Posterior shoulder dislocation

Revision as of 23:52, 13 May 2019 by SLuckettG (talk | contribs) (Background)

Background

  • 2-4% of shoulder dislocations[1]
  • Causes:
    • Forceful internal rotation and adduction
      • Usually due to seizure or electric shock
        • Consider in alcohol withdrawal, even without clear history of shoulder
    • Blow to anterior shoulder
  • Complications (neurovascular injuries and rotator cuff tears) less common than in anterior dislocation
  • May go undetected for extended period as often missed on physical exam and imaging

Clinical Features

  • Prominence of posterior shoulder and anterior flattening of normal shoulder contour
  • Patient unable to rotate or abduct affected arm

Differential Diagnosis

Shoulder and Upper Arm Diagnoses

Traumatic/Acute:

Nontraumatic/Chronic:

Refered pain & non-orthopedic causes:

Evaluation

Light bulb sign (right picture) with post-reduction comparison (left picture)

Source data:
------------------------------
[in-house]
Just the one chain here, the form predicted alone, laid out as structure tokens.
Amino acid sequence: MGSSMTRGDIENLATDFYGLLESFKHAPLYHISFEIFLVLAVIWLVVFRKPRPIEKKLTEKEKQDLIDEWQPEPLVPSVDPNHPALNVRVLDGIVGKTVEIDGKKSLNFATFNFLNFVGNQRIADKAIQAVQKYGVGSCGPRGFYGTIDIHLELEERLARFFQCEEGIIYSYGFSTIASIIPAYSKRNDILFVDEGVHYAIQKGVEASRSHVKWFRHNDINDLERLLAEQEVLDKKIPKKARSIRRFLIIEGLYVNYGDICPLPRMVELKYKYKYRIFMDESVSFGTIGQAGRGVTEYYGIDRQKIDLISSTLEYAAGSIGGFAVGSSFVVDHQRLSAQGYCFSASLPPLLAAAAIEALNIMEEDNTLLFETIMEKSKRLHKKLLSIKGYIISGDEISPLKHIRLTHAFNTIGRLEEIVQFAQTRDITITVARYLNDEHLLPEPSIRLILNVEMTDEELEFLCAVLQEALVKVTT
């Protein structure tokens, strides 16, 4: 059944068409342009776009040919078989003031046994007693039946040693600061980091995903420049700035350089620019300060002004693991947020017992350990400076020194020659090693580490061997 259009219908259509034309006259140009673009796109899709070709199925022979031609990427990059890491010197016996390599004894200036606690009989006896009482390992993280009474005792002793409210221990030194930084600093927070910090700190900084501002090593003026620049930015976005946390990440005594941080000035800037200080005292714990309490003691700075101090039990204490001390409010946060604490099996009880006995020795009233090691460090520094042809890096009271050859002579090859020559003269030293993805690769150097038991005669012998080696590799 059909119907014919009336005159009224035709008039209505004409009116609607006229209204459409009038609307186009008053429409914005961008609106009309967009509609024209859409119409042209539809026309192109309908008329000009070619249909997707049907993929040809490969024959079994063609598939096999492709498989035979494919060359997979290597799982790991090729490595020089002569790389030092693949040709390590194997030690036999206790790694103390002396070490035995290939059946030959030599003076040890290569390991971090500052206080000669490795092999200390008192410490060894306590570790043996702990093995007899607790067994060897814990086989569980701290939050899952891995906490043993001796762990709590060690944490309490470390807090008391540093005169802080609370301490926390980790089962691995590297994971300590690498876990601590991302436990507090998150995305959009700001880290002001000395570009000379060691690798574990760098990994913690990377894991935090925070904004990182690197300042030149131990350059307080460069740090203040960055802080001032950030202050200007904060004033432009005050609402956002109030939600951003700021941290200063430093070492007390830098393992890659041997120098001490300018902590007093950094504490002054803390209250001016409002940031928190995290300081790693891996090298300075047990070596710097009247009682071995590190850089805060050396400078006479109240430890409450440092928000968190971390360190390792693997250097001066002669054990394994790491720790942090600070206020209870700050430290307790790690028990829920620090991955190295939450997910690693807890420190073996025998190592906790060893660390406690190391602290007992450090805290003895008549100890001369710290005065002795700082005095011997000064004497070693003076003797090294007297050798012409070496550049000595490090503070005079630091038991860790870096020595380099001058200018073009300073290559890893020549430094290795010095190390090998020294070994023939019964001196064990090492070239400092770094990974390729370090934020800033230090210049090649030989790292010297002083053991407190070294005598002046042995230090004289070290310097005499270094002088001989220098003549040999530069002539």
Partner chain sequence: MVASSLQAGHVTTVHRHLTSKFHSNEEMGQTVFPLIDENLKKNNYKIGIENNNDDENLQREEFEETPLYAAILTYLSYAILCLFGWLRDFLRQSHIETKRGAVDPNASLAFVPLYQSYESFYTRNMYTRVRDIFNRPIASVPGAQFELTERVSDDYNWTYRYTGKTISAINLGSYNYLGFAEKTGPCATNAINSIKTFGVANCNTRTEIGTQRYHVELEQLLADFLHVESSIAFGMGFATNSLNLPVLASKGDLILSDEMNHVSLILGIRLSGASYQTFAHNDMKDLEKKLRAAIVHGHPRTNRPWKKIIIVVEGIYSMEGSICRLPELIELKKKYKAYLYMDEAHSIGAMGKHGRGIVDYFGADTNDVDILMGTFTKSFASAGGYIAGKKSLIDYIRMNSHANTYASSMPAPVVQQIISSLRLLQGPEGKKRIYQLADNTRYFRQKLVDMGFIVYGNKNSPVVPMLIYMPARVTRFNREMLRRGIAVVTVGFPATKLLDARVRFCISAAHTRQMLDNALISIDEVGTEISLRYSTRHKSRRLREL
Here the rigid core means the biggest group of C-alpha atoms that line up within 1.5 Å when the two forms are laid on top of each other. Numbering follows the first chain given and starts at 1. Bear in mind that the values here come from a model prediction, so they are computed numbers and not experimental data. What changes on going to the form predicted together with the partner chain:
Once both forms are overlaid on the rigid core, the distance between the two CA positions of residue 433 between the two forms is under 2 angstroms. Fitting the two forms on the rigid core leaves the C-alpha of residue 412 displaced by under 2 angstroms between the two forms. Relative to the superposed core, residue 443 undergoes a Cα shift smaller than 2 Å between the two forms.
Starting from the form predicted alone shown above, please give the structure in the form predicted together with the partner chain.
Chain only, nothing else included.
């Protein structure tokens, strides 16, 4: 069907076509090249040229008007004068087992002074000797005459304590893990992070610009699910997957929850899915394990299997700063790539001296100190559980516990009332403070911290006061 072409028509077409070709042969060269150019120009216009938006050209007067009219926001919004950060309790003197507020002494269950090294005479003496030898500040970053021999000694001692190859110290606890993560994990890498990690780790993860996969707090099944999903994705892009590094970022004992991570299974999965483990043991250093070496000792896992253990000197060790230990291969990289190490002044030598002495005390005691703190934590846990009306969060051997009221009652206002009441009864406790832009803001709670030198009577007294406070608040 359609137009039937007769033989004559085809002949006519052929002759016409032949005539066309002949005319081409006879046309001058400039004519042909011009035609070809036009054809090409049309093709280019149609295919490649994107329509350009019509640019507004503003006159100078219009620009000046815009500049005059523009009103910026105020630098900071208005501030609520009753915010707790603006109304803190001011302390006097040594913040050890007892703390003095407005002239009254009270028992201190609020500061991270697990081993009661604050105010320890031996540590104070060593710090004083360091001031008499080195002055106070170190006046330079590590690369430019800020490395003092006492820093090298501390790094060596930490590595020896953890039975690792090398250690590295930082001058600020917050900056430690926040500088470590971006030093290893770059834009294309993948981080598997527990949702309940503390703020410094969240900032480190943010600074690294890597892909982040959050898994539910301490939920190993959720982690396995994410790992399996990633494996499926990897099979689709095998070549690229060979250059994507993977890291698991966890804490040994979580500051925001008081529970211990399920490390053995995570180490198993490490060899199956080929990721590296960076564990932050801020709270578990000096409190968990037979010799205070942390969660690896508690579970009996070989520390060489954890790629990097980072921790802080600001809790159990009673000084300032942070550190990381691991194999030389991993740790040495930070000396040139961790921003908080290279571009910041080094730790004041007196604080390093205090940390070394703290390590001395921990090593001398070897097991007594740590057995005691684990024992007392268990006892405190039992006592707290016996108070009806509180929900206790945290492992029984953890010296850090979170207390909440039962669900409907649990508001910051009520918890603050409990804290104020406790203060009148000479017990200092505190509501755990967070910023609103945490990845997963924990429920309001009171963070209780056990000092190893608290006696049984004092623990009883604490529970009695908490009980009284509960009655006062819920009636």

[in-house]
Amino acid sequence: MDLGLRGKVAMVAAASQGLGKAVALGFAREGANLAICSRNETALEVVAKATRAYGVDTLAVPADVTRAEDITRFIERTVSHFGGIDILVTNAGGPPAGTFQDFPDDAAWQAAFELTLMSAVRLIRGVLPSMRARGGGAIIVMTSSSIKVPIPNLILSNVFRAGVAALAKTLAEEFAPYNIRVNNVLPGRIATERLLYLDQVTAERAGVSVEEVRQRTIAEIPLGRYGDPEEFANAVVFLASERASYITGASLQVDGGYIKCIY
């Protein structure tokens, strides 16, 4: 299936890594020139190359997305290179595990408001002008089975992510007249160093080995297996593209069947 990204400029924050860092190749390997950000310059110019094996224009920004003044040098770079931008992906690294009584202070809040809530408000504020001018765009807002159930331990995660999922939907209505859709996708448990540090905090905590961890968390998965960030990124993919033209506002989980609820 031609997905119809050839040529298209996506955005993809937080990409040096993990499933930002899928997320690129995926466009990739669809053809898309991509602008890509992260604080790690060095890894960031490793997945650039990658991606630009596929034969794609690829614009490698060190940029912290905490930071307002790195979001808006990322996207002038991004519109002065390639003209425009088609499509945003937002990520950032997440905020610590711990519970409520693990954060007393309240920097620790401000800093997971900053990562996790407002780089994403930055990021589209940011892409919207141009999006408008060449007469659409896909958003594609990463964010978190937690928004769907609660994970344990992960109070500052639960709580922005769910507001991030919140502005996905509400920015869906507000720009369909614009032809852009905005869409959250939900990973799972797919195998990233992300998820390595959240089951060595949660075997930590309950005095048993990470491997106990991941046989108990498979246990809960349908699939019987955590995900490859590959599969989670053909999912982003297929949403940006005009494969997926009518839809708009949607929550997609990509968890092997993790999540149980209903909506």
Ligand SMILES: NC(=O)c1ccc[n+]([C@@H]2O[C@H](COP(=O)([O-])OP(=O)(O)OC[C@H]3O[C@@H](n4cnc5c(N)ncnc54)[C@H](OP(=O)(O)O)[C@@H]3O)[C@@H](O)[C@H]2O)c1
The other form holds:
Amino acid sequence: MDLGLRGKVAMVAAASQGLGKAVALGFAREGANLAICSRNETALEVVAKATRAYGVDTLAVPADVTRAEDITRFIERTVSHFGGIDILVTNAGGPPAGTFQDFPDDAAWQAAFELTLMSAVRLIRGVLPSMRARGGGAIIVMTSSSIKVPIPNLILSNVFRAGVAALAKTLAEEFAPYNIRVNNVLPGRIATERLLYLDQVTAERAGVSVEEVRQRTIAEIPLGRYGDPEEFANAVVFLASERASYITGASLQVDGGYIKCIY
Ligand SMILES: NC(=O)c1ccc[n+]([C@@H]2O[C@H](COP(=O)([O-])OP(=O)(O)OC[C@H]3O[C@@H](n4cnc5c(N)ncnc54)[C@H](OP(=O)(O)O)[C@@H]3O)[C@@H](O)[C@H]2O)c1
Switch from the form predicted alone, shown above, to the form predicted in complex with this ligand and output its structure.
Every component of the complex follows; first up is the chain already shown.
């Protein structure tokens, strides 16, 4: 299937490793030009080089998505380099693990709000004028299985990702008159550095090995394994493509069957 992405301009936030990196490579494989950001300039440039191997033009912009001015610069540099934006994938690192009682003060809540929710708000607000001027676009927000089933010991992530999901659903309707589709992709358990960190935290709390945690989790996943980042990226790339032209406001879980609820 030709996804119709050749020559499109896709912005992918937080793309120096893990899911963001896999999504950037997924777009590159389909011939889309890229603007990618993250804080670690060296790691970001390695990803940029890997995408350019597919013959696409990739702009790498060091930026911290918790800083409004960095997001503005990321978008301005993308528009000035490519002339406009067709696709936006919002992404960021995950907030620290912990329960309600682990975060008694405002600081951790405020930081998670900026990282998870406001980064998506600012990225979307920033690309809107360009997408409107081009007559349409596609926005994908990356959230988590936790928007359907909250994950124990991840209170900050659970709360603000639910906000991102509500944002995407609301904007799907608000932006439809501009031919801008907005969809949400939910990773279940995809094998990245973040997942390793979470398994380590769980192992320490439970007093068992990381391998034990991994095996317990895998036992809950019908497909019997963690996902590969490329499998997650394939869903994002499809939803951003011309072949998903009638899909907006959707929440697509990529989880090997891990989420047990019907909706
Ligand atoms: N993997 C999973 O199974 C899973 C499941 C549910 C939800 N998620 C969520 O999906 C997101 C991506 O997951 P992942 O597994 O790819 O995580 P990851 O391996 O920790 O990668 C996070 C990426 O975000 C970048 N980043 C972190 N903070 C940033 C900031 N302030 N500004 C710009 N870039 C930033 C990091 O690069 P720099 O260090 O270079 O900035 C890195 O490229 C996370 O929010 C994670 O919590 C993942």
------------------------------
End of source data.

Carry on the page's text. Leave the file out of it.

• Plain film X-ray
    • Scapular "Y" view shows humeral head in posterior position
    • Lack of normal overlap of humeral head and glenoid fossa
    • "Light bulb sign" - fixed internal rotation makes for light bulb appearance of humeral head on AP
  • Bedside ultrasound can be used to assess for both dislocation and successful reduction

Management

  • Reduce
    • Consider procedural sedation
    • Traction applied to adducted arm in long axis of humerus
    • Assistant pushes humeral head anteriorly into glenoid fossa
  • Post-reduction X-ray
  • Apply sling
  • Note: Do not reduce chronic dislocations (>4 weeks) in the ED due to risk of arterial injury - consult ortho for open reduction

Disposition

  • Discharge after reduction
  • Ortho follow-up

See Also

External Links

References

  1. Grate I Jr. Luxatio erecta: a rarely seen, but often missed shoulder dislocation. Am J Emerg Med. 2000 May;18(3):317-21.